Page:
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Raskolnikov, as we have seen, deliberately sets up a jovial atmosphere at the beginning of the conversation with Porfiry Petrovich. But he is unable to control the tone of the rest of the meeting, because he has met his match. He has a specific purpose in coming, but Porfiry has another purpose in keeping him there.
To begin with, Raskolnikov is upset to find Zametov in the room. Have Zametov and Porfiry been discussing Raskolnikov's incriminating behavior in the tavern? It's reasonable for us-and Raskolnikov to assume so. Although Porfiry is a small, stout fellow who doesn't seem very commanding, his eyes reveal his power. It doesn't take long for Raskolnikov to decide "He knows." The truth is, he probably does.
Raskolnikov continues his act, behaving as he thinks he ought to, in order to keep himself from being suspected. But every once in a while, Porfiry throws him for a loop. For example, he's known all along that Raskolnikov left pledges at the pawnbroker's, and he is careful to say that Raskolnikov is the last one to inquire about them.
For a moment, Raskolnikov's self-control cracks; he curses himself and lets his anger show. Once more, what Raskolnikov is thinking is plainly spelled out. He is disturbed to realize how much Porfiry knows. And he has reason to be.
The subject of the afternoon is crime. The first theory discussed-one that Razumikhin dismisses as nonsense-is the socialist's view. Crime, they say, is a protest against social injustices. If the economic system were fair, this theory says, there would be no crime.
Porfiry complains that Razumikhin's not giving a fair account of the idea, but Razumikhin is adamant. According to him, a theory that does not consider human nature as a cause of crime is nonsense. Porfiry insists, though, that environment does have a lot to do with crime.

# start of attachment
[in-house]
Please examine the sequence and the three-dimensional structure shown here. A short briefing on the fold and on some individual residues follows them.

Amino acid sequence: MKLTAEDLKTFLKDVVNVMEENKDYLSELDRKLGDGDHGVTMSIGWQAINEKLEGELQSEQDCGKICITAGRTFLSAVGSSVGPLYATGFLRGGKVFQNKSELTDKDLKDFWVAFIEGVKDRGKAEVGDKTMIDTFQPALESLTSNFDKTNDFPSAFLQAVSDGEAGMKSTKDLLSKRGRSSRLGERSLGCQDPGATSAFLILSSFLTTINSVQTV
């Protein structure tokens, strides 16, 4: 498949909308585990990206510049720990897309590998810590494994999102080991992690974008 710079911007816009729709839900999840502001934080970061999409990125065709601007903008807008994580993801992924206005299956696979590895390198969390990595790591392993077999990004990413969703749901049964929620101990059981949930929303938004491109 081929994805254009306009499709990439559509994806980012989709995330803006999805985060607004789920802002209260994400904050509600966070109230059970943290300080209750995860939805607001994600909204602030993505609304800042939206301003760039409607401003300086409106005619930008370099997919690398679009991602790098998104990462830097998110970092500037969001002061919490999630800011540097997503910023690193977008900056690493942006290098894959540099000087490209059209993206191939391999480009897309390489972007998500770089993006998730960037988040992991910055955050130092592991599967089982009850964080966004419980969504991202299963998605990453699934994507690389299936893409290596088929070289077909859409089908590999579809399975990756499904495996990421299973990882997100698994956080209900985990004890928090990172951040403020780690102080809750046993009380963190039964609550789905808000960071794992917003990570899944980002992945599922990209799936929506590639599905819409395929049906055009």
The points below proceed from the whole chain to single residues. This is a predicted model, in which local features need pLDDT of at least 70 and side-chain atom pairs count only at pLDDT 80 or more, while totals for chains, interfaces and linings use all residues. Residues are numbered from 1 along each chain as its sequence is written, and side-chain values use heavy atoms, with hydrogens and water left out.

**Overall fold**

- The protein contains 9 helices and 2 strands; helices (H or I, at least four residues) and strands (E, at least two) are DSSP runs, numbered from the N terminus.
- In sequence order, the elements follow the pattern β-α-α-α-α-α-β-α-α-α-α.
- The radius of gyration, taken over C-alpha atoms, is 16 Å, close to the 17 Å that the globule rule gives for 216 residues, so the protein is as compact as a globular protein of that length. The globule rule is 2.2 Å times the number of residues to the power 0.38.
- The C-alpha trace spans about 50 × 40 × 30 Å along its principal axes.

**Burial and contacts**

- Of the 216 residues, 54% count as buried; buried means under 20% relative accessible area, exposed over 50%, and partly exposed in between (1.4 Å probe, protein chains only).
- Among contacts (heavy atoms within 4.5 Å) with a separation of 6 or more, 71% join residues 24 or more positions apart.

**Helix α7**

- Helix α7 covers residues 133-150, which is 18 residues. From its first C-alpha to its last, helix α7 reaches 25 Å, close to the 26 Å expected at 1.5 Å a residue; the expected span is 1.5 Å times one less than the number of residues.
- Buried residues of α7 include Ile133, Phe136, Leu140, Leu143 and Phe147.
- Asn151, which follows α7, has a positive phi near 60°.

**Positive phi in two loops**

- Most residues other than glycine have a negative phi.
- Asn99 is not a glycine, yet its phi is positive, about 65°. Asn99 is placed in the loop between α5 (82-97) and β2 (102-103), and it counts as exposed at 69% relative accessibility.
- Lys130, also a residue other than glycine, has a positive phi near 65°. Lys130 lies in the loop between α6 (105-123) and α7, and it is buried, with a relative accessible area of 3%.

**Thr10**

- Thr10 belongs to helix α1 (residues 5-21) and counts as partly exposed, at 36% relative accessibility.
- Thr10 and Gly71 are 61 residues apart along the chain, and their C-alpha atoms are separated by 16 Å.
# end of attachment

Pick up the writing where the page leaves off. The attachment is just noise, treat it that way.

Because so much modern theory about crime adopts Porfiry's view, we tend to accept his idea. As a result, Porfiry seems even more logical and thoughtful to us. You may consider Razumikhin's opinion that evil people cause crime old-fashioned, but remember that it's the view Dostoevsky supports.
But it's Raskolnikov's views that Porfiry wants. He says that he's read an article that Raskolnikov has written, called "Concerning Crime." Taken by surprise, Raskolnikov admits that he hadn't known it was in print. But he's even more amazed that Porfiry knows who wrote it, because it wasn't signed. Clearly, Raskolnikov's fear of the investigator's persistence is justified.
It comes as no surprise to us that Raskolnikov's concern in the article is the psychological condition of the criminal and the illness that accompanies crime. We already know that he's fascinated by this idea. He's given a lot of thought to how a criminal will act when a crime is committed. He's told us that already.
But Porfiry has other things on his mind. Isn't it true, he asks, that the article claimed that some men have the right to commit crimes? Does Raskolnikov really believe that the law should not apply to certain "extraordinary" people?
Without denying the overall idea, Raskolnikov insists that he expressed it a little differently. There are several elements of his theory:
1. An extraordinary man does have the right, within himself, to "overstep" the law if his ideas require it. Raskolnikov explains that many of these "ideas" may help humanity, and he uses the example of the scientists Newton and Kepler. If people had stood in the way of their disseminating their ideas, they would have had the right to "remove" these stumbling blocks.
2. Men who make new laws are always transgressors. To make a new law, you must break an old one. Raskolnikov insists there is nothing new in this idea, and he is essentially right. The examples he gives are Lycurgus, Solon, Mahomet, and Napoleon.
3. There are two categories of people, ordinary and extraordinary. The extraordinary ones are those who have the right to overstep the law, based on the greatness of the idea they wish to expound. However, Raskolnikov hastens to add that not many extraordinary people get away with their actions.
While the merit of Raskolnikov's ideas about extraordinary people is not debated by the group, you should try to come to terms with his ideas yourself. Are they insane? Immoral? Realistic?